Primer on NigeriaThis summary of conflicts in Nigeria is nearly a basic introduction to the state and the political culture. Remember, though, that what's left out is vital (primarily the Yoruba and the western states).
Insecurity in Nigeria: Fighting on all fronts
Across Nigeria’s “middle belt”, indigenous tribes… spar with “settlers” who are moving south as the Sahel encroaches on their pastures… The Institute for Economics and Peace, an Australian think-tank, reckons that Fulani militants killed 1,229 people in 2014, compared with 63 the year before. [Indigenous] leaders say their attackers are foreign-sponsored jihadists, though there is little evidence to support this, and the fight is not one-sided. Fulani chiefs living deep inside the Plateau claim that they are provoked by farmers who steal their herds... And modern-day bandit groups often cut across tribal lines…
A third uprising also threatens Nigeria, this one in the oil-rich Niger Delta. This part of the country was once paralysed by an armed insurgency, which began when locals protested that little of the wealth generated from the oil extracted on their lands made its way into their communities. In the early 2000s oil production in the Delta fell by half, as militants blew up pipelines and kidnapped oil workers. Many also grew rich by stealing oil. The battle only ended in 2009 when the government offered an amnesty and militants were paid to protect the pipes they used to blow up…
Diverse as they are, these agitations share some features. An overarching problem is that Nigeria is split between a mostly Muslim north and a predominantly Christian south, with its 180m people belonging to 250 ethnic groups and speaking more than 500 languages. So differences often manifest along religious or tribal lines. Boko Haram’s insurgents target Muslims as well as Christians, but are mostly ethnic Kanuri. The campaigners who want to restore independent Biafra are mostly Igbos who believe they have been marginalised by Mr Buhari…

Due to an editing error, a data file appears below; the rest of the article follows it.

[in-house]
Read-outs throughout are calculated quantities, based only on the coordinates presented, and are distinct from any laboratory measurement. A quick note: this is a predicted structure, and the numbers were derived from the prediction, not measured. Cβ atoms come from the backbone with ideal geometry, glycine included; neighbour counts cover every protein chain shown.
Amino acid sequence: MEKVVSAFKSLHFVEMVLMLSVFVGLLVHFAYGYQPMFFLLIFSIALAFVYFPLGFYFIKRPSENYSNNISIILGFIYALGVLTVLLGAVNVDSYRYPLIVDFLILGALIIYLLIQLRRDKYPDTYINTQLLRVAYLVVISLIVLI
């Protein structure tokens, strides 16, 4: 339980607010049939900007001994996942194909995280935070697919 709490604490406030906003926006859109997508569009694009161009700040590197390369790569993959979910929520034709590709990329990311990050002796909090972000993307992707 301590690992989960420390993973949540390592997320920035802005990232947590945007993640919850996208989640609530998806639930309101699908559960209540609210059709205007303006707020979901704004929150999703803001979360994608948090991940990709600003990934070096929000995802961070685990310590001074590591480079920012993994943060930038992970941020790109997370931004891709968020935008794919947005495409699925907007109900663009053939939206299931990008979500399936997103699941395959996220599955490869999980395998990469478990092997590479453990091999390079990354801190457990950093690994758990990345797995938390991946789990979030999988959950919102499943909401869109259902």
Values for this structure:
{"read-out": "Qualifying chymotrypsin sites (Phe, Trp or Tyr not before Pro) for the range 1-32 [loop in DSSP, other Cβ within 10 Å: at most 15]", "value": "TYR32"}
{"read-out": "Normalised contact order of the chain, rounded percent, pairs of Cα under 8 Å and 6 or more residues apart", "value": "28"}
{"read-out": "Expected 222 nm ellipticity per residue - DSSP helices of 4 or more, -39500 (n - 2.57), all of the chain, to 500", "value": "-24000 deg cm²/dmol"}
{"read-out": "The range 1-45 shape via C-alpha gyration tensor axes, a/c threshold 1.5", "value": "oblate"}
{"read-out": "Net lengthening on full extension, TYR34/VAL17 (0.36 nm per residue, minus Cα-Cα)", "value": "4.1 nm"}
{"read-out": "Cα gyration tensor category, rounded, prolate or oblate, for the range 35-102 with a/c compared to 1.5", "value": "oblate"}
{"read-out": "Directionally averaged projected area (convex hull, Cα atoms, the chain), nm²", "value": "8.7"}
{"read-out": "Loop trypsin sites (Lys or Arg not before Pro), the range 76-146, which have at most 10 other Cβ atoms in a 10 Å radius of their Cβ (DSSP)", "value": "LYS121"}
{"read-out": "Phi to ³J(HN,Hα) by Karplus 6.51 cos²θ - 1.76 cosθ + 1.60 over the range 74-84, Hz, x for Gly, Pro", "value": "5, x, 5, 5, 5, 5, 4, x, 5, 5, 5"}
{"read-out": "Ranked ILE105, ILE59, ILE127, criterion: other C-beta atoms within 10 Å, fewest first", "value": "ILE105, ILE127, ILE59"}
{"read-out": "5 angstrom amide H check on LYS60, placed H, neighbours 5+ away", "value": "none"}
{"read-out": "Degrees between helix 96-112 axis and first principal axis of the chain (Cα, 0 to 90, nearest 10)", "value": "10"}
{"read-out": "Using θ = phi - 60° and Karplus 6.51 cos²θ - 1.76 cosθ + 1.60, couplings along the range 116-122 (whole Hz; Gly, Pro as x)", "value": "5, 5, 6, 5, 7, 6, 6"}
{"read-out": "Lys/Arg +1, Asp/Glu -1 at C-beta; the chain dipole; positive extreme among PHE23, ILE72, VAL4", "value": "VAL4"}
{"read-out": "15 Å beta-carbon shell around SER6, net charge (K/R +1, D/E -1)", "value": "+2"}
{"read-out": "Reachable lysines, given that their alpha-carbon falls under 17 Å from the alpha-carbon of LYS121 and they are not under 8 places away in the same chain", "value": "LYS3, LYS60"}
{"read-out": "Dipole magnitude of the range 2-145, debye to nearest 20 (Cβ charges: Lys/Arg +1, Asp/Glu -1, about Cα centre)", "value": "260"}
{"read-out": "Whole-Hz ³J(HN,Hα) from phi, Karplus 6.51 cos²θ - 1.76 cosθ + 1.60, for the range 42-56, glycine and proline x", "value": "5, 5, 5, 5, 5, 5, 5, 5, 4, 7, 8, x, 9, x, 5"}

Poverty and population growth exacerbate these tensions. As many as 10m children are out of school and half of all young adults are un- or under-employed. Many of Boko Haram’s fighters joined because they were hungry rather than dedicated jihadists. As the oil-dependent economy slows, the number of unemployed and underemployed Nigerians is rising.
In central Nigeria, houses have been built across routes used by herdsmen. With no dedicated grazing grounds, herdsmen cut fences and drive their cattle through the crops. In most countries, such disputes would be resolved by the state; but in Nigeria it has been hollowed out by years of corruption… Vigilantes with ancient hunting rifles attempt to assert some kind of order, but their very existence simply emphasises the limitations of the government.
There are some hopeful signs. The army is better organised since Mr Buhari’s election. He has clamped down on… corruption… A joint civilian-military operation in Plateau has been praised for recovering stolen cattle, mediating between sparring communities and preaching peace in schools.
The government says it will re-establish grazing pathways for nomadic herdsmen, and it is offering amnesty payments in the Delta. Safe conduct home may also be offered to fighters who joined Boko Haram for want of a job and are having second thoughts. Yet the only way to counter the forces that threaten to pull Nigeria apart is to help people out of poverty. Mr Buhari has made a start by raising spending on education. But he also needs to turn his mind to boosting economic growth, which has ground to a pace slower than population growth. Without greater opportunities, the frustrations of the young and uneducated will only worsen.
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